It must be very difficult for anyone outside of the United States to understand what is going on in Washington these days. Presidents of the United States have not always been great intellectuals, but usually it could be assumed that they would have at least some understanding of the major issues affecting the country and the world. Furthermore, regardless of political leanings, they would be sure to have people around them who were expert in the areas assigned and they would rely on these people to shape policy and their public statements.
The history here is not glorious. President George W. Bush’s experts took the U.S. into a needless and seemingly endless war in Iraq. The top economic advisers to Presidents Clinton and George W. Bush laid the groundwork for the housing bubble, the collapse of which gave us the worst economic crisis in seven decades, from which we still have not fully recovered.
But even with such horrendous mistakes, presidents did make an effort to be informed on major policy areas. This is not true with President Trump. He really is clueless in most areas of foreign and domestic policy. He knows remarkably little about basic policy issues for someone who has lived in this country for 70 years, and perhaps even more serious, he doesn’t care.
His incredible ignorance shows itself almost daily. Trump vigorously denounced China throughout his campaign as a world class currency manipulator. Yet he told everyone about his great relationship with China’s President Xi Jinping after their meeting last month. He said that he didn’t want to ruin the relationship by talking about currencies, and came away the meeting with the interesting tidbit that Korea used to be part of China.
His knowledge of domestic matters seems little better. In February, the month designated to highlight African American history, Trump referred to the great slavery abolitionist and civil rights activist Frederick Douglass as though he were still alive. (He’s been dead for 120 years.) He also suggested that people should examine the causes of the U.S. Civil War, an issue that is already the topic of an immense body of research.
He apparently does not even understand the Electoral College system whereby he managed to win the presidency even though lost the popular vote by almost 3 million votes. He routinely hands out maps of the 50 state electoral vote to reporters interviewing him, as though he is providing new information. All these reporters already know the map by memory.
It would be possible to go on at considerable length about President Trump’s ignorance and incompetence, but the real question is why do the Republicans stand behind a president who is embarrassingly unqualified for the job? The answer is they don’t care.
The Republican Party has become a vehicle for the rich to take as much as they possibly can as quickly as they possibly can. There is no ideology or philosophical commitment involved; this is simply a question of filling their pockets.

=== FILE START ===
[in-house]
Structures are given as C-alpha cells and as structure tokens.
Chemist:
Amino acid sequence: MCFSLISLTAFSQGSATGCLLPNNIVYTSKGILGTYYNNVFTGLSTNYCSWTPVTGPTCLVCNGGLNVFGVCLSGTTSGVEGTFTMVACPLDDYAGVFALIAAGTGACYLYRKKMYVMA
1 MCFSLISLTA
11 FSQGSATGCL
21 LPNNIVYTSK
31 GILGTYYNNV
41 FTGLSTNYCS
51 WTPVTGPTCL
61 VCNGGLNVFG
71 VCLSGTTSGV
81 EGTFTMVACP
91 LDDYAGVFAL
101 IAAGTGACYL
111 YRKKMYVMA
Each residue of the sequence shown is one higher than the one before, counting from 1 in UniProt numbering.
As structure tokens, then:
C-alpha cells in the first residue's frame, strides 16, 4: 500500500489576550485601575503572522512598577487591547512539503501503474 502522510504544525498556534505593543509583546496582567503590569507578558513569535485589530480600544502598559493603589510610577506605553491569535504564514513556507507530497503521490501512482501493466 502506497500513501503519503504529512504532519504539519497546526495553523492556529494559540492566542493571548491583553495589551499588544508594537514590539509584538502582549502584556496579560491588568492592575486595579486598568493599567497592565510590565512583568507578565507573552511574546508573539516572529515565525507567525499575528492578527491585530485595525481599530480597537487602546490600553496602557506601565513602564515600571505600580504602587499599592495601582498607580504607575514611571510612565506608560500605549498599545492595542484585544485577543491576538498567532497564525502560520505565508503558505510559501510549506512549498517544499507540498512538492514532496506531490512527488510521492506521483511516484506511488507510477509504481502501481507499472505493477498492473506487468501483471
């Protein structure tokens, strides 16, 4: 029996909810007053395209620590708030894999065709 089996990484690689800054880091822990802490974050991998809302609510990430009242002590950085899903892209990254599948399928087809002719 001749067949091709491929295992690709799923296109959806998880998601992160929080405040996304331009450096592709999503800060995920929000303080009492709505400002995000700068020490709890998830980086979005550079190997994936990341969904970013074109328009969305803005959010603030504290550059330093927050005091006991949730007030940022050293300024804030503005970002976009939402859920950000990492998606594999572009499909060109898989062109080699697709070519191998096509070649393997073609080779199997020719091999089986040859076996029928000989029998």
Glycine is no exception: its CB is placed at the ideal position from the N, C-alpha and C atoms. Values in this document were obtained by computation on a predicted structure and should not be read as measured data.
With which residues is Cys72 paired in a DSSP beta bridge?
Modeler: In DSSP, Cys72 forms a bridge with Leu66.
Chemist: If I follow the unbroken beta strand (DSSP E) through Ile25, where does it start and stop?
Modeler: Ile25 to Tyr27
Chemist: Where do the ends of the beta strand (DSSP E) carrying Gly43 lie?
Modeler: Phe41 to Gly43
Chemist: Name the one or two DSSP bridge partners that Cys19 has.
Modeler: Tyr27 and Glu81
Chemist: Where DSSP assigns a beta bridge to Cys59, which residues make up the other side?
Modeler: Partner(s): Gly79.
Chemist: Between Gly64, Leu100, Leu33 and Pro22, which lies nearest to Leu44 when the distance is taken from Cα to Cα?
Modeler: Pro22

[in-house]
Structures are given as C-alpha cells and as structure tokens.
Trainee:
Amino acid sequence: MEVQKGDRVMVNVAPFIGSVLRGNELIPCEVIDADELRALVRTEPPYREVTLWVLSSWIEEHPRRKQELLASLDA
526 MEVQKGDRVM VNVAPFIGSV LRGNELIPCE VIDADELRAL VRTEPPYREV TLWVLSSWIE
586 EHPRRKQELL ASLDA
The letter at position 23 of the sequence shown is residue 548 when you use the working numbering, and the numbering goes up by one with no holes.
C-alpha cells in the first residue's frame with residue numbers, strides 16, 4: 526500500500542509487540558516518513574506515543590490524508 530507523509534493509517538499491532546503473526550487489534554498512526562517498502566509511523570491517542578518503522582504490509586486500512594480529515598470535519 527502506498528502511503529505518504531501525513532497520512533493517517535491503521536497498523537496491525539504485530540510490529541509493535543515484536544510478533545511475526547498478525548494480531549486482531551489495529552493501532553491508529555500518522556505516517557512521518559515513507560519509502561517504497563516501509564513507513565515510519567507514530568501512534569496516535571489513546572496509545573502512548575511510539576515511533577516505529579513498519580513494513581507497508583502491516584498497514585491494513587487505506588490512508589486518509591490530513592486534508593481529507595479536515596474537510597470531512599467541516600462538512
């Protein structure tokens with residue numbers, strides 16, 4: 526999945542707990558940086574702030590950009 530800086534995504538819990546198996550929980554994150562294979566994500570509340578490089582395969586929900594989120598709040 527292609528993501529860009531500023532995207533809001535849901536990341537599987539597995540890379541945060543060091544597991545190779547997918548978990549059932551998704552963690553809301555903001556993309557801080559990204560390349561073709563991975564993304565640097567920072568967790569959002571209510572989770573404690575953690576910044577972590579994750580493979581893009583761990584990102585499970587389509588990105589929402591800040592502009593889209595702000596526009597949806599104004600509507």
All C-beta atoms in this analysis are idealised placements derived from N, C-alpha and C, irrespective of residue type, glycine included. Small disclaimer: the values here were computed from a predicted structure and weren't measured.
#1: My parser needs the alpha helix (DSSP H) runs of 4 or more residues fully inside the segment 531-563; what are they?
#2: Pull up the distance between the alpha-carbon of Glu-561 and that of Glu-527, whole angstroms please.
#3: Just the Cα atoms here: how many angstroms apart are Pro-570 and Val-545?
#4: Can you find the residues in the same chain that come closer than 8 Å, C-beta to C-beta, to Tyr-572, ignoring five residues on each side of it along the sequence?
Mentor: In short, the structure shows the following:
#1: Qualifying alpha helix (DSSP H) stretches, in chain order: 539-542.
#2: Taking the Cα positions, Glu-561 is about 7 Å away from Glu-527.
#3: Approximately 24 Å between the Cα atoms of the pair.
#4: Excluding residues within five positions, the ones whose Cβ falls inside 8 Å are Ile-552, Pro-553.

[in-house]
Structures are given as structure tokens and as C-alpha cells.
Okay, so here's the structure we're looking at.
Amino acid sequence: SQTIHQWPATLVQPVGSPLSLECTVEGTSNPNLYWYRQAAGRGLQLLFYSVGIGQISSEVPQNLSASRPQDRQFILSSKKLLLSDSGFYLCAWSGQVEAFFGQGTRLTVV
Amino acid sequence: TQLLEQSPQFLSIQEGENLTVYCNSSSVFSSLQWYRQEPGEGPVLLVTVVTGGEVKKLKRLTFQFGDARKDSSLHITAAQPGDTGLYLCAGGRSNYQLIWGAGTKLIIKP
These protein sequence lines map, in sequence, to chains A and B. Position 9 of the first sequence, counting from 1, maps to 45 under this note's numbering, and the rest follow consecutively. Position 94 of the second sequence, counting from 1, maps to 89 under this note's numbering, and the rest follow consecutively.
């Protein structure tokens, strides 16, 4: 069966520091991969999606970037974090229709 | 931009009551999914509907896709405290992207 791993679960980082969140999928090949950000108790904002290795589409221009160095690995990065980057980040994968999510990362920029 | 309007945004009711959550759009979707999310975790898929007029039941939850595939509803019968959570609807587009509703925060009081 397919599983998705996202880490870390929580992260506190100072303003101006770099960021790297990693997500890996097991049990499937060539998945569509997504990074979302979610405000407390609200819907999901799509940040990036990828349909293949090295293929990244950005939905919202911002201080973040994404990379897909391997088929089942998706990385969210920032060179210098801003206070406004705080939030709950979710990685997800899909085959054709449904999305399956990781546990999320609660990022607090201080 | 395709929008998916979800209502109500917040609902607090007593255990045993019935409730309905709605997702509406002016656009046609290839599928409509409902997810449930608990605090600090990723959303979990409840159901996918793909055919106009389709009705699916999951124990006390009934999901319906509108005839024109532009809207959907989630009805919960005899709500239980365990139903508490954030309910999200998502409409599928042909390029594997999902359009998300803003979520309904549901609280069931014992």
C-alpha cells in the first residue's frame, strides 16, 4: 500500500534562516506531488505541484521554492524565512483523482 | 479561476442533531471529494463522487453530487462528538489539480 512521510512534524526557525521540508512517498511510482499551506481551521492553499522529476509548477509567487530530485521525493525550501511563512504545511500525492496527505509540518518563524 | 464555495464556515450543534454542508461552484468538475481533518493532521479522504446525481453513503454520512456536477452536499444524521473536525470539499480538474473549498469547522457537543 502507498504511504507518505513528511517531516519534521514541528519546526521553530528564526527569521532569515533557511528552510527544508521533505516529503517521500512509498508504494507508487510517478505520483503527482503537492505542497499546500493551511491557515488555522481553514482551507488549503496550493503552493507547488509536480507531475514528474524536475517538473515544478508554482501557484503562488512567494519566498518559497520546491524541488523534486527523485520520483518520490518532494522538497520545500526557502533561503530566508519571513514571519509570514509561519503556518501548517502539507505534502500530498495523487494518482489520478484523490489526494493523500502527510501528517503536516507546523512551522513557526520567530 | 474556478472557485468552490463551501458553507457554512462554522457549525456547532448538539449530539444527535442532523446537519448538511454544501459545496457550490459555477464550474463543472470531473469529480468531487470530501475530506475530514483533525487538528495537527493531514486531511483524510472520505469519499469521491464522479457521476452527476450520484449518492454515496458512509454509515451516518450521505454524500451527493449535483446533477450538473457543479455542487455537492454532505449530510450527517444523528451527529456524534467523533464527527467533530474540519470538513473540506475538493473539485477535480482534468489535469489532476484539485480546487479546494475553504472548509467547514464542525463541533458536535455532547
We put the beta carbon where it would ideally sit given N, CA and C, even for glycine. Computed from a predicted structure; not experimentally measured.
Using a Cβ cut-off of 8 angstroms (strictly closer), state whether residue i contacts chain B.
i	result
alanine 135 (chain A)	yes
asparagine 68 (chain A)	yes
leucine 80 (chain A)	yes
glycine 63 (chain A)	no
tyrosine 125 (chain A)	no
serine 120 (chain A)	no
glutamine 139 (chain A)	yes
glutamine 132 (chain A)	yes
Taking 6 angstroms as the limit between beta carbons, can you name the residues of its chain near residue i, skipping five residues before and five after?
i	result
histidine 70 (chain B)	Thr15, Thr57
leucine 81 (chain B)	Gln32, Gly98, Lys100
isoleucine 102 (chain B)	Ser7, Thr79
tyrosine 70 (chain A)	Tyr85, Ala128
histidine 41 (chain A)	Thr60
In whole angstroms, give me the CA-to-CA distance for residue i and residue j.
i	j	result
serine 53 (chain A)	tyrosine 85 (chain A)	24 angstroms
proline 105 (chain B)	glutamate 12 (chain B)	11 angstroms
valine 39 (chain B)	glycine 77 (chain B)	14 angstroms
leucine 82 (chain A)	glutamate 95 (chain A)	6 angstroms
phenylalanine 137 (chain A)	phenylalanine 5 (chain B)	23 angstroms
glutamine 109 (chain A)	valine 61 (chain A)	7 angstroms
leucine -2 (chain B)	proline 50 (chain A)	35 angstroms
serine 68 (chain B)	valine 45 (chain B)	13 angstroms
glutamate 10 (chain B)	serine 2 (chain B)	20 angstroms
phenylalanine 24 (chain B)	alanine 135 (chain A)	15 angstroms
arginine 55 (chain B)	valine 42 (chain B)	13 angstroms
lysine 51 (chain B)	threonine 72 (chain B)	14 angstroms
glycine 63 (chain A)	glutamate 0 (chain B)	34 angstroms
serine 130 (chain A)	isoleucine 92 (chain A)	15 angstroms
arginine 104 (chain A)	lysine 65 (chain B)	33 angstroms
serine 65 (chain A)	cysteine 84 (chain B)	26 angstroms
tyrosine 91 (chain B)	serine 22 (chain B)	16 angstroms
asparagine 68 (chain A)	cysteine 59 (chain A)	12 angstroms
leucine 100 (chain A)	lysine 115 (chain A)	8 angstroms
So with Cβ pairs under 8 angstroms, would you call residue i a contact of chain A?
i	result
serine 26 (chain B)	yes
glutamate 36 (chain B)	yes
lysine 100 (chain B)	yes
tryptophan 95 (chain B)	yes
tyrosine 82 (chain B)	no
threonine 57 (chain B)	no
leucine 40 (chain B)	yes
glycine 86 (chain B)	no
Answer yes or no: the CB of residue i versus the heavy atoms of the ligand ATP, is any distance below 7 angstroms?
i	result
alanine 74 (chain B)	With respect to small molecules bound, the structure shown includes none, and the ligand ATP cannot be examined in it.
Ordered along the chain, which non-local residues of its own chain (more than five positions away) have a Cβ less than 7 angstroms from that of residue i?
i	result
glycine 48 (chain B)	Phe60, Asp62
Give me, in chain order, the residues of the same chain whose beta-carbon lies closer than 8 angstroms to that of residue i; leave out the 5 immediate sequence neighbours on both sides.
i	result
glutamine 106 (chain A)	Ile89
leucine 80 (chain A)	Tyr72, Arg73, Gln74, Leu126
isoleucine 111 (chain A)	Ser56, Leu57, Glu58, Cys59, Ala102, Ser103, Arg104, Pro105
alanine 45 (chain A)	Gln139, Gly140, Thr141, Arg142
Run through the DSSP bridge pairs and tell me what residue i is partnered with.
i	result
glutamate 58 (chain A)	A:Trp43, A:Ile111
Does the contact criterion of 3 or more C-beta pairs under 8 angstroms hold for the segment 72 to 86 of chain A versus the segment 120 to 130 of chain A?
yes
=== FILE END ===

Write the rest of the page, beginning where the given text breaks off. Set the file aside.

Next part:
This is apparent in all of their actions. The centerpiece of their health care reform proposal is a tax cut of more than $600 billion over the next decade, which goes almost exclusively to the richest one percent in the country. As a bonus, they stand to pay less for their health care insurance, if they also happen to be in good health. (The plan is also likely to cost 24 million people their insurance.)The tax reform plan that Trump has outlined could give millions of dollars in tax savings each year to the country’s richest families and save their families billions when they die by eliminating the estate tax.
But it is not just on the tax side that Trump’s policies will make the rich even richer. Trump and the Republicans are fighting financial regulations that are designed to hold down the fees charged by the financial industry on everything from student loans and retirement accounts to credit card transactions. In addition to abandoning efforts to curtail greenhouse gas emissions, the Trump administration is also weakening environmental regulations that essentially require industry to clean up after itself.
A great example was Trump’s use of an executive order to overturn a regulation that required the mining industry to restore land after it engaged in mountain top mining. While this was sold as a measure to protect the jobs of mineworkers, it will likely have the opposite effect. Trump was making it cheaper for coal companies to replace labor intensive underground mining with mountain top mines that employ far fewer workers. His executive order was about coal industry profits and nothing more.
The Republicans in Congress, who have the power to remove a president that is clearly not qualified for the job, have no intention of taking any action as long as he can produce results for the very rich. These people care about being re-elected and when their career in Congress is over they look to a second career as an incredibly well-paid lobbyist.
The only way that Republicans will abandon Trump is if he actually becomes so much of a public embarrassment that he jeopardizes the re-election prospects of a substantial percentage of Republican senators and Representatives. We clearly have not reached this point, which means that Trump can keep being as crazy and corrupt as he wants.